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A brief account is given of a fish culture trial conducted in Malawi to determine the growth performance of Bathyclarias loweae and its potential for aquaculture.
An examination is made of the possibilities of the development of mollusc and crustacean culture, especially intraditional harvesting areas of the Niger Delta, as a means of accelerating protein self-sufficiency. Scope for growth of coastal aquaculture of these organisms does exist, but applied research in biology, culture technology, processing, marketing and economics is required.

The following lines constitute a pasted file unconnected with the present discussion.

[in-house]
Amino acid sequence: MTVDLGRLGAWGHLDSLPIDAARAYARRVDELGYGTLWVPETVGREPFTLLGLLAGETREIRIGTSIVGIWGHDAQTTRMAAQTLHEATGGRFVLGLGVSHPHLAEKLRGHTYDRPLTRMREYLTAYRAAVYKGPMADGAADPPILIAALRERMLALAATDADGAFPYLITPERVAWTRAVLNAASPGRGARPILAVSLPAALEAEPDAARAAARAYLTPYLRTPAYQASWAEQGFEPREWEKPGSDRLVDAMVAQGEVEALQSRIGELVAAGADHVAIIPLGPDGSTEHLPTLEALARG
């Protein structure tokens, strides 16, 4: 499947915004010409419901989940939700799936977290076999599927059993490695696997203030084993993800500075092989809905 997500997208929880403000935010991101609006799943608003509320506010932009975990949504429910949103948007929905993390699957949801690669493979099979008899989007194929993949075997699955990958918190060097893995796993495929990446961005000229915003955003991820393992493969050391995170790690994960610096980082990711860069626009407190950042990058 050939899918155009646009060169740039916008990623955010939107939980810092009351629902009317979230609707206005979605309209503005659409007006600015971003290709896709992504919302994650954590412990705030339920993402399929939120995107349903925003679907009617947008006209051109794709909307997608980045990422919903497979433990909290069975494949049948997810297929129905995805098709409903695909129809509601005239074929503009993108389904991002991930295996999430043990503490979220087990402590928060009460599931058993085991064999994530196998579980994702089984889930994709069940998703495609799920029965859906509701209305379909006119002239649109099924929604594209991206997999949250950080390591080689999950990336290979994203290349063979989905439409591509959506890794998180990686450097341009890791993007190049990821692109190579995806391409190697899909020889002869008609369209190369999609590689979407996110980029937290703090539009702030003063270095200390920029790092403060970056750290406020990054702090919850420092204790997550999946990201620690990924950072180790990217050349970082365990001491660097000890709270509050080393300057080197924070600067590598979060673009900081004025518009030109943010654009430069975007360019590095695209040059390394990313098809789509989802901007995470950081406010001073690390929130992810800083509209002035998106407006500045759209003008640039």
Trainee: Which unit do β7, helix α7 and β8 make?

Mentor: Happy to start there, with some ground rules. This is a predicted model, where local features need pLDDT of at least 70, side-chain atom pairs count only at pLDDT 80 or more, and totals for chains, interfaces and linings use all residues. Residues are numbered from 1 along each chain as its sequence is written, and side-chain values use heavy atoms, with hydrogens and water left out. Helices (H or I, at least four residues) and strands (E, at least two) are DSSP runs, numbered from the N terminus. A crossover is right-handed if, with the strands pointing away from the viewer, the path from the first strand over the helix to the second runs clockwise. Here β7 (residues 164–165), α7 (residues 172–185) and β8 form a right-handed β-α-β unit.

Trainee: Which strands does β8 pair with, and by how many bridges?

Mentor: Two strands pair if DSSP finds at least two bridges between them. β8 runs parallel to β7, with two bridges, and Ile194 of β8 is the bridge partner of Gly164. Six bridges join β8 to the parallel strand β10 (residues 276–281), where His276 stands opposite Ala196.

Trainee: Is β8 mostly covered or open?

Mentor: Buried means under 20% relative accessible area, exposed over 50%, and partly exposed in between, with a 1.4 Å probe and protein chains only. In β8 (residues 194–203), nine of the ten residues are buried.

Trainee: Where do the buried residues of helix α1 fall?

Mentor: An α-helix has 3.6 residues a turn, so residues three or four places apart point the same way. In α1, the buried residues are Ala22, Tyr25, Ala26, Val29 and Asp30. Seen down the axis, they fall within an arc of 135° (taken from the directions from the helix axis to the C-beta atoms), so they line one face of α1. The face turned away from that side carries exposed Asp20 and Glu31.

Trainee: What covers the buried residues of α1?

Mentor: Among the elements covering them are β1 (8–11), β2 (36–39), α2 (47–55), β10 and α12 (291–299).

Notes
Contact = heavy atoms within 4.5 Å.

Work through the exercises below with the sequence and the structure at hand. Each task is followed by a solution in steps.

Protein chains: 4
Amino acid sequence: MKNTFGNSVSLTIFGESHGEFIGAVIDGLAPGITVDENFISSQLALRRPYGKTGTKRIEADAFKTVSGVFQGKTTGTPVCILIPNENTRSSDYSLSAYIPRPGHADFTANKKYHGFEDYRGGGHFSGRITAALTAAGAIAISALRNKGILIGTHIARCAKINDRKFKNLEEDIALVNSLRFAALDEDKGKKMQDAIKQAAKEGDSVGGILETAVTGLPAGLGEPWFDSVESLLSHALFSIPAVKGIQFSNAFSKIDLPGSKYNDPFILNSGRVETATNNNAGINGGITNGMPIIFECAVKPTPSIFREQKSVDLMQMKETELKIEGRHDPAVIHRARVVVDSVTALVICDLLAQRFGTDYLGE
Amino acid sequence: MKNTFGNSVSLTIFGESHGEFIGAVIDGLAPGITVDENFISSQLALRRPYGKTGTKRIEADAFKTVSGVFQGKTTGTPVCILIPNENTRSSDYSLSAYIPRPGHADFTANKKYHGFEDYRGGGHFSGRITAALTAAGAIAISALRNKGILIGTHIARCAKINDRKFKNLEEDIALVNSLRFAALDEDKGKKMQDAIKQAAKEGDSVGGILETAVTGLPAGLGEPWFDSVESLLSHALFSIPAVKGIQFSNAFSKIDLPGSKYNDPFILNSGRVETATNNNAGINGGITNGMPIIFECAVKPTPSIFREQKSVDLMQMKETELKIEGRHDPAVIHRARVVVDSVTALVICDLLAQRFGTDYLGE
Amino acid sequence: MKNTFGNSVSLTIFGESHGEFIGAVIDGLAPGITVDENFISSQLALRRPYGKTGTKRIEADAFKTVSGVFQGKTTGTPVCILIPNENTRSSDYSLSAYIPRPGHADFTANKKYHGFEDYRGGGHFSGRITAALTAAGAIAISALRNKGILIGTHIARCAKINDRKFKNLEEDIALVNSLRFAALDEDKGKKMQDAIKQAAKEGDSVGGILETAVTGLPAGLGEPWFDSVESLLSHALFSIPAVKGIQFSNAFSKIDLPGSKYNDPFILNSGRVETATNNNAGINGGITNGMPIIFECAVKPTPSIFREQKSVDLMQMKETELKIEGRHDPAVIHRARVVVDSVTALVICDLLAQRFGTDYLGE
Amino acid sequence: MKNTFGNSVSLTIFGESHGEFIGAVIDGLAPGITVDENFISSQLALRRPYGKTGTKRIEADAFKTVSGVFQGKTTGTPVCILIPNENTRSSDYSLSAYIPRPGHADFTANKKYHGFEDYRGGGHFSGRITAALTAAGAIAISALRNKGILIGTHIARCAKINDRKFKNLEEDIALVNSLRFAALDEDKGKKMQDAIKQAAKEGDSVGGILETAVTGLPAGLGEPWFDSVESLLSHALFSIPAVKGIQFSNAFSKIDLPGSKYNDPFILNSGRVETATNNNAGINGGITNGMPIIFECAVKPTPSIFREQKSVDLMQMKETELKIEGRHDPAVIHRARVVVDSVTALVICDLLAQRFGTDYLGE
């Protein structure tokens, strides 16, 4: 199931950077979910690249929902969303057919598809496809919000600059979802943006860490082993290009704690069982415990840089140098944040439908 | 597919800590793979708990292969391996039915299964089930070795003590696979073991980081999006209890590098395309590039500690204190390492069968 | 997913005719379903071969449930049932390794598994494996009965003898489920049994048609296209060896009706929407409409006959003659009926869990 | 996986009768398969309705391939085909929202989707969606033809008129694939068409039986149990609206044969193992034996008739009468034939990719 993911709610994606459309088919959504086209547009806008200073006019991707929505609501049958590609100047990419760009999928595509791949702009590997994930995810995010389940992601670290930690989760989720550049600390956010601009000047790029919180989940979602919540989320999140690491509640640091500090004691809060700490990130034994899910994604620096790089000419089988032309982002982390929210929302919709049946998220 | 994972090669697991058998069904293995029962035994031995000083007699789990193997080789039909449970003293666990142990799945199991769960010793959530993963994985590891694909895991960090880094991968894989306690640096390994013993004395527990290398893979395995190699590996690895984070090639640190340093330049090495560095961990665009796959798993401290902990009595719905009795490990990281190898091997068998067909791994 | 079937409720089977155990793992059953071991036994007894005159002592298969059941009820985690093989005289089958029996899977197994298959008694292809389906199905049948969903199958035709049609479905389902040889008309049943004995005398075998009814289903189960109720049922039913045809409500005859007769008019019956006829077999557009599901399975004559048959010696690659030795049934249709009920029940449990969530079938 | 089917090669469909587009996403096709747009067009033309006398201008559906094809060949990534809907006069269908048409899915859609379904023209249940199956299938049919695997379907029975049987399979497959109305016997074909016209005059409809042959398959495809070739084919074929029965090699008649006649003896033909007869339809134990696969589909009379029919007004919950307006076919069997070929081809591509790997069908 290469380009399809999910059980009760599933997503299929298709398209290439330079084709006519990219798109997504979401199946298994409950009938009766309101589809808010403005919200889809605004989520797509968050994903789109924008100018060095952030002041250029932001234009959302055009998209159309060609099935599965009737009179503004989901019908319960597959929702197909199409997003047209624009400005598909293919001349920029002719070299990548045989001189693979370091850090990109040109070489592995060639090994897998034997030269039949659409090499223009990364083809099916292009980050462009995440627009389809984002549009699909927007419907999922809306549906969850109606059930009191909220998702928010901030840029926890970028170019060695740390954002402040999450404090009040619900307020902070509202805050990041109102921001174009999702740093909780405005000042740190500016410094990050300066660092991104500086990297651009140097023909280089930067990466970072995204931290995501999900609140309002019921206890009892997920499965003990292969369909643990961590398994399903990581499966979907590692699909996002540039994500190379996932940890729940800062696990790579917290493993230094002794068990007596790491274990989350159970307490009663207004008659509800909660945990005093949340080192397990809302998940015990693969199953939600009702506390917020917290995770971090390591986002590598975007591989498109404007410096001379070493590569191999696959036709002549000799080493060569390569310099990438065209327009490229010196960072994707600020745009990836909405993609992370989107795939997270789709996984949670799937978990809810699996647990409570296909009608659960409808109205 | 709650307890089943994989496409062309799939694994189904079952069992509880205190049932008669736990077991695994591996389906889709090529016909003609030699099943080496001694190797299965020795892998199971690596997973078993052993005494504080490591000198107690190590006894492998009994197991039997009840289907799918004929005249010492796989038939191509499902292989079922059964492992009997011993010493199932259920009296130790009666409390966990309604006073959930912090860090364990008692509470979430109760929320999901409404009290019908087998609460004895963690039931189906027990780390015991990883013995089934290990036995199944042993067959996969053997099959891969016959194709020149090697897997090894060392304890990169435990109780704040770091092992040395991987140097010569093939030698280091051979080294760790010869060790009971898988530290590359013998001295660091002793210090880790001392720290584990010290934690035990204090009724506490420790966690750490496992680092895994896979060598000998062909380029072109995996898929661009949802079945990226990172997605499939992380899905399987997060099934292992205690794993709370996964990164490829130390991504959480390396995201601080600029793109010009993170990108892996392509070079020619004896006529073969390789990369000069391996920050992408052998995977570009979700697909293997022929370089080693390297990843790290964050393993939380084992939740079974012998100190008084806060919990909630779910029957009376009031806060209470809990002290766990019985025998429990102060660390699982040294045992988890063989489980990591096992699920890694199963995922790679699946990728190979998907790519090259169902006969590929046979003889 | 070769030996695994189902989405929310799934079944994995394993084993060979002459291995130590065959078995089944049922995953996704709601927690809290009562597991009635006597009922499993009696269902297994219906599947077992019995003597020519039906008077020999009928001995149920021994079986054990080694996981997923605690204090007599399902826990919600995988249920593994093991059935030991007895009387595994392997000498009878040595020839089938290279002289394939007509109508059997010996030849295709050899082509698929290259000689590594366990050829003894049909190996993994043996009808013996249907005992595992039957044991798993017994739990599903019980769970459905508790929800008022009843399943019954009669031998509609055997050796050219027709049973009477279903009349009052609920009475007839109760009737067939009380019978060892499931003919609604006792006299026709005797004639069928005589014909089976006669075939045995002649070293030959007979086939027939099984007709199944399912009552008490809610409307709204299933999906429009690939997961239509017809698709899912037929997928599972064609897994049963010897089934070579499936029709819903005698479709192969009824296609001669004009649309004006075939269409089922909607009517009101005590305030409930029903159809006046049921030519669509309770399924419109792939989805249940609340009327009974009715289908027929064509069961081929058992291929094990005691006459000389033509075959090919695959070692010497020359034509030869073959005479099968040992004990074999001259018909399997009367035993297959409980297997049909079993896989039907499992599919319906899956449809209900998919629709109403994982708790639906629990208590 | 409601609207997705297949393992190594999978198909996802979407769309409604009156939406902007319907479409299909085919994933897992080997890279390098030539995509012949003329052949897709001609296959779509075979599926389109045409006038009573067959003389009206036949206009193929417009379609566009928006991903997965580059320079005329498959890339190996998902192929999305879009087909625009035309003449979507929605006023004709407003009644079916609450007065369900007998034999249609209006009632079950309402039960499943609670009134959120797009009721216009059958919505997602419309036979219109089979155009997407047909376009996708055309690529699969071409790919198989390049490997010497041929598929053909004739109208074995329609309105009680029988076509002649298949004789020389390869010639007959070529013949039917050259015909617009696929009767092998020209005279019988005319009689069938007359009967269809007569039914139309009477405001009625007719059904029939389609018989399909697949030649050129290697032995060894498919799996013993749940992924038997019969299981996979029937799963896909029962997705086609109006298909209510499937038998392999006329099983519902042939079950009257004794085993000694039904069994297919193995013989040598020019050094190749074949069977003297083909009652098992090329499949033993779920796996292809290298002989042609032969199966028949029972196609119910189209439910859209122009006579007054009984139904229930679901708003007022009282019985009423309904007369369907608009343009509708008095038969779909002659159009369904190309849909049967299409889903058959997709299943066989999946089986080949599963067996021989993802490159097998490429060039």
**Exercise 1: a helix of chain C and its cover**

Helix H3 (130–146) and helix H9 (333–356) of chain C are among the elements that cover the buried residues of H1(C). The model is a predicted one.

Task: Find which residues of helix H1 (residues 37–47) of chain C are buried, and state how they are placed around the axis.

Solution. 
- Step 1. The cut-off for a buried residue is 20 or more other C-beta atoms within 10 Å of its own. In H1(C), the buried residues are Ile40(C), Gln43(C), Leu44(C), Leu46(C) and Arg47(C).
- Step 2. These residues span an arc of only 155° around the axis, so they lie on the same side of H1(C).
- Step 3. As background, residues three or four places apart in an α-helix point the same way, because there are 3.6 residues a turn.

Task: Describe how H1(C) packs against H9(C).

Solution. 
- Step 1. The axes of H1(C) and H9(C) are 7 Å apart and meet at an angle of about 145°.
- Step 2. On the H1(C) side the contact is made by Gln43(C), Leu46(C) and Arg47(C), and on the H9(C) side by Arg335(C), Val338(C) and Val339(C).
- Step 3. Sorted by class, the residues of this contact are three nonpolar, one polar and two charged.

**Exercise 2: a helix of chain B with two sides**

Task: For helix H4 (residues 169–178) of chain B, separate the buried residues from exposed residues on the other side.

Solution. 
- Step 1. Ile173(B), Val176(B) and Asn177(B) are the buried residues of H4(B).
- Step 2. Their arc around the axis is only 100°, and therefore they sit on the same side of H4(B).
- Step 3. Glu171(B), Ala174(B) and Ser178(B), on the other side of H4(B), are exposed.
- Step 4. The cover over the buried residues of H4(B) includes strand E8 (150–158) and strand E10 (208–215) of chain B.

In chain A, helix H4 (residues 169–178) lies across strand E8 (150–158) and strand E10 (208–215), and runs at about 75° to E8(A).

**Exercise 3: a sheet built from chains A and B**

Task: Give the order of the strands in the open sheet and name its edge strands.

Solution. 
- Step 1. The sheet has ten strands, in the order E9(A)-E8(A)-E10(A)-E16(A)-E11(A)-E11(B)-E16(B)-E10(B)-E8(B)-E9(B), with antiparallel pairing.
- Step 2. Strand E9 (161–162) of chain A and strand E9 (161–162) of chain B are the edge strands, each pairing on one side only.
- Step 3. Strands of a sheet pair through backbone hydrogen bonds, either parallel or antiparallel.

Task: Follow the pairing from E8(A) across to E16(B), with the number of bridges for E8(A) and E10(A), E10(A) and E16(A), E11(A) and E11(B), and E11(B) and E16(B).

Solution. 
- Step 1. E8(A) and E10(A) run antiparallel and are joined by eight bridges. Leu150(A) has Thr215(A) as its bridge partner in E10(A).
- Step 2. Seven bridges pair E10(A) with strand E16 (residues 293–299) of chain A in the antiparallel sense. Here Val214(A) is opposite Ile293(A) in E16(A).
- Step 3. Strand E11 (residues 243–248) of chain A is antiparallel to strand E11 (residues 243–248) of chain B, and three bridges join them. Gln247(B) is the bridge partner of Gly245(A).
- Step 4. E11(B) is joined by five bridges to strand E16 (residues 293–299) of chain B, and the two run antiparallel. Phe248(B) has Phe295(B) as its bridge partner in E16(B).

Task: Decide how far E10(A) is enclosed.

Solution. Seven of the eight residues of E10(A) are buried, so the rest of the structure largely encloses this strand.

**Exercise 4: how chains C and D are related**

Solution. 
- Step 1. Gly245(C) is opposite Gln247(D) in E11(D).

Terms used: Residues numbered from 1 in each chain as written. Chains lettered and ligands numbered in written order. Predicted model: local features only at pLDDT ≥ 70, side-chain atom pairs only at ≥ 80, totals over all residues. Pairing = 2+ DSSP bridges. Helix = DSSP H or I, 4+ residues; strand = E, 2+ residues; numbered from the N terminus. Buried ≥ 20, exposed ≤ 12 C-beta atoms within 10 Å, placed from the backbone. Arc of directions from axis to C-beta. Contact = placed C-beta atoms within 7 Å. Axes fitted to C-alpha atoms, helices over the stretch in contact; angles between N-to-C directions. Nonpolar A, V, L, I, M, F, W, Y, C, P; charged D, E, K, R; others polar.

There is great impetus among phytochemists to develop molluscicides which are lethal to the snail intermediate hosts of bilharzia. They search for plant-derived, water-soluble compounds that are cheap to isolate, specific to target animals, easily biodegradable, non-toxic to other biota and to which snails are unlikely to become resistant. This paper reports on some medicinal plants from Malawi that have been studied in the hope of isolating compounds for the control of bilharzia.